What is the Teacher Leader Program About?
About twenty educators––high/junior high school teachers and other education specialists––joined the first informational meeting for the Ten Questions Teacher Leader Program that took place at Harvard University on October 21, 2017. The Ten Questions framework is versatile––it can be used for classroom instruction, book discussion, debates, action projects, and media projects in various educational settings (see examples here). The aim of the Leader Program is to gather wisdom from teachers; it invites teachers to expand application of the Ten Questions in various educational settings. The participant teachers will then teach other teachers about the framework, based on their experiences, in professional development venues.
The information meeting covered basic information about what the Ten Questions framework is, where it came from, and how it could help those teaching civic participation in a digital age, as well as how the Leader Program would progress. The teachers also shared a variety of issues that mattered to them, not only pedagogic concerns, but institutional challenges beyond the classroom. These included:
- colonial heritage in the classroom
- internship experience
- teaching students with disabilities about civic participation
- storytelling and youth journalism
- youth participatory action research
- issues of immigration and project-based learning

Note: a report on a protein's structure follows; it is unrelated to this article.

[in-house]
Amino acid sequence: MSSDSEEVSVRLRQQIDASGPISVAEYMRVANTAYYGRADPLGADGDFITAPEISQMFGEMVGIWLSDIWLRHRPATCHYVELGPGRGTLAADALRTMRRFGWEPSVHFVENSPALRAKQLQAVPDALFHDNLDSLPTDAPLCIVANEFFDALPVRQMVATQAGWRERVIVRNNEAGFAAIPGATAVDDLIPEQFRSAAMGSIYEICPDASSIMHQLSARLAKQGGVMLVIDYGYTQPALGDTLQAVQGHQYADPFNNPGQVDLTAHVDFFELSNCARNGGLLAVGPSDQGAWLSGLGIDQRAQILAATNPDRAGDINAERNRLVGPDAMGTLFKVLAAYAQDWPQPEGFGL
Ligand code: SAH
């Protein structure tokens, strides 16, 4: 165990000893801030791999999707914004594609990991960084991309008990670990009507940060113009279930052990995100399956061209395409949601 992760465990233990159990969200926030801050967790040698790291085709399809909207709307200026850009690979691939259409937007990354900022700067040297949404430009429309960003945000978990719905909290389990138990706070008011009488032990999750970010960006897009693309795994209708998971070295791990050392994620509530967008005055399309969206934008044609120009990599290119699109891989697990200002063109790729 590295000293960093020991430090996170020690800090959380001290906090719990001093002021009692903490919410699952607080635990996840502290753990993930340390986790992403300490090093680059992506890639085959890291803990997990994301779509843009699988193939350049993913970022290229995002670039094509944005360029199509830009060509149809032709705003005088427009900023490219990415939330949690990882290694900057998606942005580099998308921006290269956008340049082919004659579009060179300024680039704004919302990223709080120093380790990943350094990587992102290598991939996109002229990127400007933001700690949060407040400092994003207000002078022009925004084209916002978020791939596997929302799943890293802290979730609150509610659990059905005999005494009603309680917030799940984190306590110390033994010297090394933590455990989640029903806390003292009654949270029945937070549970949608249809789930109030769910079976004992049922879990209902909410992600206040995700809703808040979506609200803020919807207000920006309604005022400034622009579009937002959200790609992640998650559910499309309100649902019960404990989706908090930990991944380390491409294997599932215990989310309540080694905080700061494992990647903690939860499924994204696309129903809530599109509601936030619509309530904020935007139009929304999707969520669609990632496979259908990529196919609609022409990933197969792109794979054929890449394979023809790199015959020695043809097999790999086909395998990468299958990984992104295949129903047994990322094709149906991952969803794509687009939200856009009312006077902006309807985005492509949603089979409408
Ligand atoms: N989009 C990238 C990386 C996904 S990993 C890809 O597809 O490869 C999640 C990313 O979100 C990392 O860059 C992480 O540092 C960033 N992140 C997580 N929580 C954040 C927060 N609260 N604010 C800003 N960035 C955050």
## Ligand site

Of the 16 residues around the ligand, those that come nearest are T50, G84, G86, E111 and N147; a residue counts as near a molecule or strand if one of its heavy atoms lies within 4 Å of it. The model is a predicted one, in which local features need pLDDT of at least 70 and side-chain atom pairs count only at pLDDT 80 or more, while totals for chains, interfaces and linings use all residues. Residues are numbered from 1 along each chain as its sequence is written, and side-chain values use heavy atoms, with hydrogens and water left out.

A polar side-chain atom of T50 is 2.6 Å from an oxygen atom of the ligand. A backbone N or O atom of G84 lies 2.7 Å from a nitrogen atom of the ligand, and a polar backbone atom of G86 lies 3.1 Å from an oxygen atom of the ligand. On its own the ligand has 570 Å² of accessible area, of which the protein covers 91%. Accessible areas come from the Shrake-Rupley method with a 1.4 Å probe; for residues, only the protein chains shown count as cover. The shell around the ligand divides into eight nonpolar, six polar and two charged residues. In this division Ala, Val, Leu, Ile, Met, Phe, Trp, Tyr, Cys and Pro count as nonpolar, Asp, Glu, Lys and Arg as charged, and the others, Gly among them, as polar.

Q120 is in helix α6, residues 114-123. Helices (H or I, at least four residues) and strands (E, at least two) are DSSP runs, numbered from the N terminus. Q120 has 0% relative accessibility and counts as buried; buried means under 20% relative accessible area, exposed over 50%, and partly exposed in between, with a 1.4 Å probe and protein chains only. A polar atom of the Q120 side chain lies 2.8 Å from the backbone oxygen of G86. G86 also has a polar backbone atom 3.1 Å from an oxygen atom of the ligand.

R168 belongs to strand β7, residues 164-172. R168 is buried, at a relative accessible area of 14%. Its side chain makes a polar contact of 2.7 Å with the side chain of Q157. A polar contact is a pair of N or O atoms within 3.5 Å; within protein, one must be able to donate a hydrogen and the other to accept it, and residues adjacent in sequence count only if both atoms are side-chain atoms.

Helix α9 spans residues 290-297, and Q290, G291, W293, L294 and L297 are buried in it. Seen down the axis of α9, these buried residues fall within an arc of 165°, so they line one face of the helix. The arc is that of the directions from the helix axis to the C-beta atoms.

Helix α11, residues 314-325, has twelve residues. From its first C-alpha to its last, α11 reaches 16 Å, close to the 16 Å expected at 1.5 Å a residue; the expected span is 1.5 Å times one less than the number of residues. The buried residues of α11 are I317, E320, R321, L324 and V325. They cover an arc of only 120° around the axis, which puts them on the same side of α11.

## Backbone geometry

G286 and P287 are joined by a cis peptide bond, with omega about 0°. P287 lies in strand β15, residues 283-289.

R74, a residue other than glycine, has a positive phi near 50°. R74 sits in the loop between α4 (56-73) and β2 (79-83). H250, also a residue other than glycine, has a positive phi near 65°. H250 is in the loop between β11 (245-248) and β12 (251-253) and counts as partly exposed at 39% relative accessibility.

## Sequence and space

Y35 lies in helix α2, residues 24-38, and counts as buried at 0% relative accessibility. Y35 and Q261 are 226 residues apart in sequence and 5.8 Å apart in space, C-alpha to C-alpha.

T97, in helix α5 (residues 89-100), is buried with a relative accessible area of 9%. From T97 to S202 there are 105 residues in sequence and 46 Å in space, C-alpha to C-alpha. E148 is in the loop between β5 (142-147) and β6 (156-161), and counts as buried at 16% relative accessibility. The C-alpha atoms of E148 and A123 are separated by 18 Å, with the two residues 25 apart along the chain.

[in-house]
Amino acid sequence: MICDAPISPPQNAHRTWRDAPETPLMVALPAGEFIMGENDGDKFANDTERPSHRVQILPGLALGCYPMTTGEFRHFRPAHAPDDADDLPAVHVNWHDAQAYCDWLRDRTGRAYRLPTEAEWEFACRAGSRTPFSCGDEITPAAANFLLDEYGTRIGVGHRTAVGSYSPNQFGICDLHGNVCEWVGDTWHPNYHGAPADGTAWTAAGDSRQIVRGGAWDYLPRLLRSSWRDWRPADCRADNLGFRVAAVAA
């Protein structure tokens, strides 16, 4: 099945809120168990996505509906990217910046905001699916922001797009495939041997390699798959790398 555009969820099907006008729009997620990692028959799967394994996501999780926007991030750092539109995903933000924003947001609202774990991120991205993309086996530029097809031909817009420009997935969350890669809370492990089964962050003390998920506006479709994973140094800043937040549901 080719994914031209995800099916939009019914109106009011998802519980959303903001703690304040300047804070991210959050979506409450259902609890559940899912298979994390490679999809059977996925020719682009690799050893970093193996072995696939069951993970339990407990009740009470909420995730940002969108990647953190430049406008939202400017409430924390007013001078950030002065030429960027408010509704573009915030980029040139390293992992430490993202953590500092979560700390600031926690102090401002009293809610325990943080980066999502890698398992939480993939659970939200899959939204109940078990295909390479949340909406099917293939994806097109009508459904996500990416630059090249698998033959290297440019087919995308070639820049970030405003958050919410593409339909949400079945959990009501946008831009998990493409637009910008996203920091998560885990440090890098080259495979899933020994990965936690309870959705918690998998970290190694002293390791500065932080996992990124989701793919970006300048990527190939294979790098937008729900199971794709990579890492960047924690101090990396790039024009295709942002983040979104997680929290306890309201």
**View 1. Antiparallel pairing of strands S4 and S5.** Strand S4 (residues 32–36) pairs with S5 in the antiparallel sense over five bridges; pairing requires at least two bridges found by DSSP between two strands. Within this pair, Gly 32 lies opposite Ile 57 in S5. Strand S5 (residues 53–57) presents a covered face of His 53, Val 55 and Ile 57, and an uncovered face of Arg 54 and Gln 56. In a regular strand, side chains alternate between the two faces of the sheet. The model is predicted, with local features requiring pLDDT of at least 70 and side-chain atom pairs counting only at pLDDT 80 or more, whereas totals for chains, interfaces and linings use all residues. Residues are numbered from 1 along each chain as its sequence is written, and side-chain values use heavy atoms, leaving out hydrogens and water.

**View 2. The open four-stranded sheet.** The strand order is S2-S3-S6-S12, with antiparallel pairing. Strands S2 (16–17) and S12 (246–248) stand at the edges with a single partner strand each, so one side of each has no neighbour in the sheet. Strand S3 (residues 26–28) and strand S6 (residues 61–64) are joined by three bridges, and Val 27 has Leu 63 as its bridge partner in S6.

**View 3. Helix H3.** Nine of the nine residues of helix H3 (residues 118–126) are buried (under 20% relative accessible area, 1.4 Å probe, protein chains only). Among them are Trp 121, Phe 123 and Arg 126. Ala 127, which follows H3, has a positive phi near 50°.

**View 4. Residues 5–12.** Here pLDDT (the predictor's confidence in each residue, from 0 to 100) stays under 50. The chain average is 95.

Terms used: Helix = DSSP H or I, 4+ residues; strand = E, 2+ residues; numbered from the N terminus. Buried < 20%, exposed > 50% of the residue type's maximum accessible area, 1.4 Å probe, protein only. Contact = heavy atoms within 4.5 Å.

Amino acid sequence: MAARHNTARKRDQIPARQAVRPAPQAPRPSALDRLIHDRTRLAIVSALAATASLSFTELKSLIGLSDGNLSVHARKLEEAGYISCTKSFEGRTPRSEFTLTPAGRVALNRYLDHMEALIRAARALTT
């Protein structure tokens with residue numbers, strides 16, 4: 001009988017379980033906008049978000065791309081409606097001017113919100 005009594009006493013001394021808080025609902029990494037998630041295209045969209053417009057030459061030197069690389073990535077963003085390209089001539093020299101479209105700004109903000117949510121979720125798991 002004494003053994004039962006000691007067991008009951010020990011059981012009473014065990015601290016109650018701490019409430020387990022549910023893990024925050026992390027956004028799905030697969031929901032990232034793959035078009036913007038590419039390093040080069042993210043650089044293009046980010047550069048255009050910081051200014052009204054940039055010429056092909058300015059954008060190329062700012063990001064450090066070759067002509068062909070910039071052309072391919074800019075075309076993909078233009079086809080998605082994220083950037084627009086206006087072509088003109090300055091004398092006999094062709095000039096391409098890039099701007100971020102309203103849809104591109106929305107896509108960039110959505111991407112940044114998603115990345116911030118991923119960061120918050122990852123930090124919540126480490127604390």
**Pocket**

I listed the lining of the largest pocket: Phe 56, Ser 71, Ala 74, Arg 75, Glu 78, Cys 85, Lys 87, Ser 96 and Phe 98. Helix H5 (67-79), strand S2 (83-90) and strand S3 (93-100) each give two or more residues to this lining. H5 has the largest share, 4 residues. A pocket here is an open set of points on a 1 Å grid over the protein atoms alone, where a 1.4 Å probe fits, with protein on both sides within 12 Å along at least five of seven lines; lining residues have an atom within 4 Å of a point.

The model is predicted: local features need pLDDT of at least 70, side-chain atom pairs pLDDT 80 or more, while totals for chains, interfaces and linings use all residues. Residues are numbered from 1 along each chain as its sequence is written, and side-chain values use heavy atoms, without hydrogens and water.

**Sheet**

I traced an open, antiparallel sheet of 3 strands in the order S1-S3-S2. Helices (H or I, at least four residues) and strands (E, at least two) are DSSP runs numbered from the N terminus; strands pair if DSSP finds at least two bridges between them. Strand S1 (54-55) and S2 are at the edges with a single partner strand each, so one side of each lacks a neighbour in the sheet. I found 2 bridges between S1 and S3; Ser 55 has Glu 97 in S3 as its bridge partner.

- human rights education
- leadership education
- teaching diverse perspectives
- authentic teaching and learning
- institutional opposition to teaching “political” issues (e.g., pushback from administrators and the self-censorship that results)
- challenges experienced as minority education professionals.
The three-hour meeting was far too short to cover all these issues. In fact, they are among the biggest challenges educators consistently face. I am curious about how teachers might grapple with them and how the Ten Questions come into play. As they experiment with the Ten Questions, teachers will reflect on their practice, guided by these: What counts as success? How did they tackle the issue? What progress did they make? What did they learn from their undertaking? and what issues are left unresolved?
After the informational meeting, teachers were going to brainstorm and plan future activities on their own until the February meeting, scheduled for Saturday, February 10, 2018. The substantive activities based on the Ten Questions will take place in February and May of 2018.
* Click the menu tab on the right for examples created by our teacher participants. More will be added in in January 2018.